ESG and Sustainability

2023 Report: Forced Labour in Canadian Supply Chains

RWC Systems Inc. is a speciality walls and ceilings company that was founded in August, 1978
and fully operated in British Columbia. The company is in the business of installing walls and
specialty ceilings for commercial spaces.

The company has only recently been made aware of the new Bill S-211 regarding child and
forced labour and the reporting requirements that was made effective January 1, 2024. They
also meet all the requirements to report on their business regarding the new bill as they
employ roughly 110 employees, has revenues surpassing $40 Million and assets greater than
$20 Million. The company has not taken any measures to ensure that forced labour does not
exist in the year 2023 and prior to as the company was unaware of such requirements.

With most of the company’s suppliers existing in Canada, such as drywall suppliers like Kenroc,
there’s a low likelihood that child or forced labour exists. Most of the company’s suppliers
obtain supplies and produce the products in Canada, such as drywall material. As Canada
maintains very stringent employment rules, there is low risk for any child or forced labour.
There are very few suppliers from the US that are used on a frequent basis. If the company
purchases from the US, it’s for one off specialty items.

RWC Systems Inc. follows a rigorous hiring process where the HR department screens each
applicant for fit and experience. Once hired, all required documents including a SIN are
required before employment begins. The company’s Director of HR, Rup Dadwan, is a
Chartered Professional in Human Resources (CPHR) ensuring all Code of Ethics and rules of
professional conduct are being met.

Going forward, the company has taken the initiative to contact all of it’s major suppliers with a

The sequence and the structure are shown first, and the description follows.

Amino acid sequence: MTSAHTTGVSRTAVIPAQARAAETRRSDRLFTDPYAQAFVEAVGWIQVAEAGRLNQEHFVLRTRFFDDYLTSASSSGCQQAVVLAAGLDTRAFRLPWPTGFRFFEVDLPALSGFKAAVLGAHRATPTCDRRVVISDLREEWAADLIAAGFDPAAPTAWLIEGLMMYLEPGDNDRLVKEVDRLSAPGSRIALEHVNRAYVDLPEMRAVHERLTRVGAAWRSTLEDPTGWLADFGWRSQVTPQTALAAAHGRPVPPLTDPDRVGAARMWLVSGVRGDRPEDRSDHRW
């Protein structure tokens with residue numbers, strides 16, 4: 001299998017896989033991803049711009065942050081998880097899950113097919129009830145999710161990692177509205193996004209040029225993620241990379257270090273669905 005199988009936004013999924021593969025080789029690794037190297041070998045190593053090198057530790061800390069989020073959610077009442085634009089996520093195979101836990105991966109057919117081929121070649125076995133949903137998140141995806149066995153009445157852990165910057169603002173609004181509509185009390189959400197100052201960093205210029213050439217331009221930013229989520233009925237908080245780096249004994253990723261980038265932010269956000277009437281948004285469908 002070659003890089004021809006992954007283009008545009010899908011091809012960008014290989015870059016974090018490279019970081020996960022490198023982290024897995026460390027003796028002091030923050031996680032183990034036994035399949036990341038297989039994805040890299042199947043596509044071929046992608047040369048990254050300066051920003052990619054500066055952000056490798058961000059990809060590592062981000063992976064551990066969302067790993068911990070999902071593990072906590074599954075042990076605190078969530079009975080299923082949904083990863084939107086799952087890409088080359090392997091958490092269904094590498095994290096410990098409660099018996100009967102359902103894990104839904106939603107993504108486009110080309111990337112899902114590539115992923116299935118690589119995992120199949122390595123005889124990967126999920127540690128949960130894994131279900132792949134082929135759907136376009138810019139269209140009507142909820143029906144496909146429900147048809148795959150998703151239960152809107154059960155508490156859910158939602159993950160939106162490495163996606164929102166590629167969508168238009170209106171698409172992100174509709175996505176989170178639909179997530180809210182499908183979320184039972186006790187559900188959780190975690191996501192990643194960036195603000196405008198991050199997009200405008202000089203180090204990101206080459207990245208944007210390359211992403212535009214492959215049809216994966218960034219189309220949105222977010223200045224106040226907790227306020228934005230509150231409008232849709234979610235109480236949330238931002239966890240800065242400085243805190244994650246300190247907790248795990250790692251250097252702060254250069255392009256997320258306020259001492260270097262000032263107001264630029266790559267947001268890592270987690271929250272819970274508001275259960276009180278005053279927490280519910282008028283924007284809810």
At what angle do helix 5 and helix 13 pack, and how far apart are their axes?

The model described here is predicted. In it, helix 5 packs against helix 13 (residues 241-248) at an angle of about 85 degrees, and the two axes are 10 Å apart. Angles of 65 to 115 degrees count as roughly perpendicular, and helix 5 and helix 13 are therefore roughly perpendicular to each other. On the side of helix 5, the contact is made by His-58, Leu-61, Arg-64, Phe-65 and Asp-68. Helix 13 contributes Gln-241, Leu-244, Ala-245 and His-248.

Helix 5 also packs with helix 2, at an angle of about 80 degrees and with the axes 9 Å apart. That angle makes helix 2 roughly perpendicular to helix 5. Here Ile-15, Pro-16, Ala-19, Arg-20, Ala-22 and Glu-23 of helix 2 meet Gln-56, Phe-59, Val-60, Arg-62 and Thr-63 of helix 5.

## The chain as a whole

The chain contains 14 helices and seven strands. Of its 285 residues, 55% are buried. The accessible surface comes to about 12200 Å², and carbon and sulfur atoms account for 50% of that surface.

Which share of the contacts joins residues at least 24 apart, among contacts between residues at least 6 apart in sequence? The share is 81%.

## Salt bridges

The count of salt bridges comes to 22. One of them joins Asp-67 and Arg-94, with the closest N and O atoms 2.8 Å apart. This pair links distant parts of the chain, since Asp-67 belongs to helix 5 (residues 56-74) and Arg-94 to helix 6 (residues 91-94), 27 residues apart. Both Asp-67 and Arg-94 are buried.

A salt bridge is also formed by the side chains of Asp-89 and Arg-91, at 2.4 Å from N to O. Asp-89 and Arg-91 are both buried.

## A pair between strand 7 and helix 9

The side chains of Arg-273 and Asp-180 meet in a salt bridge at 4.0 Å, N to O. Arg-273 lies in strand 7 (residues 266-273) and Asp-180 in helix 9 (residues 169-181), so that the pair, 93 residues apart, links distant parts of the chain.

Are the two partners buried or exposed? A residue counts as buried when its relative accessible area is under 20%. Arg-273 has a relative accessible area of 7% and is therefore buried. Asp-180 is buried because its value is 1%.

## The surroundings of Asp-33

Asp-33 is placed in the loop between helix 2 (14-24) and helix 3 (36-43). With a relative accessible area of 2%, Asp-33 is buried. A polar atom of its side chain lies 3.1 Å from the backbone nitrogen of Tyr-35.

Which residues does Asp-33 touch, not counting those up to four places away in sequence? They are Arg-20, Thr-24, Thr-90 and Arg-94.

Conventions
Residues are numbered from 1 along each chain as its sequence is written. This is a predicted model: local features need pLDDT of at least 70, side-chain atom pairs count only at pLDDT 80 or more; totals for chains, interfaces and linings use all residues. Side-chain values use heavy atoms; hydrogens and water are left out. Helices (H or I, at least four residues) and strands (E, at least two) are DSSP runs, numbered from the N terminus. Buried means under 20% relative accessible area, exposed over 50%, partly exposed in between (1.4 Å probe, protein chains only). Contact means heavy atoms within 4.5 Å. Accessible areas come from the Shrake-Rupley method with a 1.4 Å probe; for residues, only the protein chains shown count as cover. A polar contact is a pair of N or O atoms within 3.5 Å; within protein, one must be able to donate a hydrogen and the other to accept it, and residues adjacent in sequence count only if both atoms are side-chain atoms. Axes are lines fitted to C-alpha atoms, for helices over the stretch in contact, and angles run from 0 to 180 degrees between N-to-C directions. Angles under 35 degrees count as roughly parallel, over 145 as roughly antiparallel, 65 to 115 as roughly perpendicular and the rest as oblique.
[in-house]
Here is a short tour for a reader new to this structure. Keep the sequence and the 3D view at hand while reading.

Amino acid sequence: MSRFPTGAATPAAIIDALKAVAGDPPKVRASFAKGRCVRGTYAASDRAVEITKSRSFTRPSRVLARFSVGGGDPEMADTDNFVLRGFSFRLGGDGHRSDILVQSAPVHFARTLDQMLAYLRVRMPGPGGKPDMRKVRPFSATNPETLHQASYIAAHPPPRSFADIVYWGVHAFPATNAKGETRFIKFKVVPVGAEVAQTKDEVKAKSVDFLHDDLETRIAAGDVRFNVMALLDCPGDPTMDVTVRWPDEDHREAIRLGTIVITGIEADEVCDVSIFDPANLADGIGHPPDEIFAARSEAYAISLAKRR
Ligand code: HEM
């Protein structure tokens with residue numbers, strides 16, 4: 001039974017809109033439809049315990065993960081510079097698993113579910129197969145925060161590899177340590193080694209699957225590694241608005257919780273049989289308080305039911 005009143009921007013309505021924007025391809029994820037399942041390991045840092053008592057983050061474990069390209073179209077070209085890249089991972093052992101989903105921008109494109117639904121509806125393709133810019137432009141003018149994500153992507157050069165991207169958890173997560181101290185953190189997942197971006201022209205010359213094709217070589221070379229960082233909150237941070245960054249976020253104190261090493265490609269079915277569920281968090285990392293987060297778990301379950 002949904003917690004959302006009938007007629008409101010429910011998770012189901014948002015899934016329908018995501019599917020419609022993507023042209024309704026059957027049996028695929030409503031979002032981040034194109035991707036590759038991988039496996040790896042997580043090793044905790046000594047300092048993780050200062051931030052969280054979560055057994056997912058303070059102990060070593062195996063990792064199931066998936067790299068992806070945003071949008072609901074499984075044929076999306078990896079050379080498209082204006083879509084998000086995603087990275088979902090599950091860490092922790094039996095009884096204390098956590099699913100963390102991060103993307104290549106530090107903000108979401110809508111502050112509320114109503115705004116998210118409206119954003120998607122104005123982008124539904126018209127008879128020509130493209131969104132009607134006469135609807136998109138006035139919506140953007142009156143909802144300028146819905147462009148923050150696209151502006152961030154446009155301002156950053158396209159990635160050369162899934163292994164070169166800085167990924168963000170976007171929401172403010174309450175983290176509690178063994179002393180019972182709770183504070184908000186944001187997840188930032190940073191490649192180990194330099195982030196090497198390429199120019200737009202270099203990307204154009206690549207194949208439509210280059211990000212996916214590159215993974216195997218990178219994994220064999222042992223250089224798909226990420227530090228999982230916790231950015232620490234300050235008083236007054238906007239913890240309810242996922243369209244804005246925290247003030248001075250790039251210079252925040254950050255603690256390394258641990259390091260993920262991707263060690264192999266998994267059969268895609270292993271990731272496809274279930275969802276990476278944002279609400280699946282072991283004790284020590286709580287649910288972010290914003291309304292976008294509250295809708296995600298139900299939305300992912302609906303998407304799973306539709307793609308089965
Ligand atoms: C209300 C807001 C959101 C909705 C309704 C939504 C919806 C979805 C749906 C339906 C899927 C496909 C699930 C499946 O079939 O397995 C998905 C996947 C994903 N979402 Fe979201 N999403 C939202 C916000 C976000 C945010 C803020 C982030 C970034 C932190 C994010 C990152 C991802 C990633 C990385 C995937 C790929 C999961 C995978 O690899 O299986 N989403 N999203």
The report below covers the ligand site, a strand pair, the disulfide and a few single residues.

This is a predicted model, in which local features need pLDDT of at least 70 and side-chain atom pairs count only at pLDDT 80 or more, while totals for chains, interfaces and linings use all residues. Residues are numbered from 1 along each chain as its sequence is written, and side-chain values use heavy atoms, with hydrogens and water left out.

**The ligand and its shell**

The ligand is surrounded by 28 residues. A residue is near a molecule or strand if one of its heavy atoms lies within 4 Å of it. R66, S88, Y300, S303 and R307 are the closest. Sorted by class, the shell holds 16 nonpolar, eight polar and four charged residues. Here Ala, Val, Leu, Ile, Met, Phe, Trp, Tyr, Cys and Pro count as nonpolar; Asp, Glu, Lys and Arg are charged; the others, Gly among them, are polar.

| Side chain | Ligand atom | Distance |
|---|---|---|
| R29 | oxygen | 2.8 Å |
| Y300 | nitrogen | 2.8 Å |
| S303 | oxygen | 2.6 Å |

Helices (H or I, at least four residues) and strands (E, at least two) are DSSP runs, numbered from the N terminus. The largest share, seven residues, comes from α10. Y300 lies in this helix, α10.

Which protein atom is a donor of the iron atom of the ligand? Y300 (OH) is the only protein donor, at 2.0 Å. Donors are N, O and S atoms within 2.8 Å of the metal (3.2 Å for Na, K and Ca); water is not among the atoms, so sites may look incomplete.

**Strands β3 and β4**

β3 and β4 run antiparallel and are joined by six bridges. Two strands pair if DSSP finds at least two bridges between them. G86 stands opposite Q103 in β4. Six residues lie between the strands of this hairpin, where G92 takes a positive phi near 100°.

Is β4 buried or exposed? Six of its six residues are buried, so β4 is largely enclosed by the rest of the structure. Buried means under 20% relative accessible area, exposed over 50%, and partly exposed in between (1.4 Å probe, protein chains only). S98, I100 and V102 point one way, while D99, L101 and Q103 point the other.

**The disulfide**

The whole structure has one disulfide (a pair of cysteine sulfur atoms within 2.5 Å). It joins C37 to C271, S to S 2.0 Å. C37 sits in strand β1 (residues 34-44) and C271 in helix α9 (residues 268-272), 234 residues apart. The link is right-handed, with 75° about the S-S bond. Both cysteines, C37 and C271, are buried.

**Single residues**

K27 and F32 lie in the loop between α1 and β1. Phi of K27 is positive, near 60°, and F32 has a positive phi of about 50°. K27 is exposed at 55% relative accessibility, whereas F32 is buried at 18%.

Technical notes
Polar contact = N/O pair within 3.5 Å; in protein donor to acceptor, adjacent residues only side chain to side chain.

questionnaire asking the following questions:

  1. What are the steps the entity has taken to prevent and reduce the risk that forced
    labour or child labour is used at any step of the production of goods in Canada or
    elsewhere by the entity or of goods imported into Canada by the entity?
  2. Explain your current structure, activities and supply chains.
  3. What are your corporate policies and due diligence processes in relation to forced
    labour and child labour?
  4. What are the parts of its business and supply chains that carry a risk of forced labour or
    child labour being used and the steps it has taken to assess and manage that risk?
  5. Were any measures taken to remediate any forced labour or child labour?
  6. Were any measures taken to remediate the loss of income to the most vulnerable
    families that results from any measure taken to eliminate the use of forced labour or
    child labour in its activities and supply chains?
  7. Was training provided to employees on forced and child labour?
  8. How did the entity assess its effectiveness in ensuring that forced labour and child
    labour are not being used in its business and supply chains?

As this is a new process, the company will constantly be updating it’s knowledge on how best to
mitigate and report any such forced labour violations. This includes training staff about the
matter and ensure that all new suppliers are provided with the questionnaire. In conclusion,
the company is low risk for any child or forced labour.

Best Regards,
Larry Robertson, CEO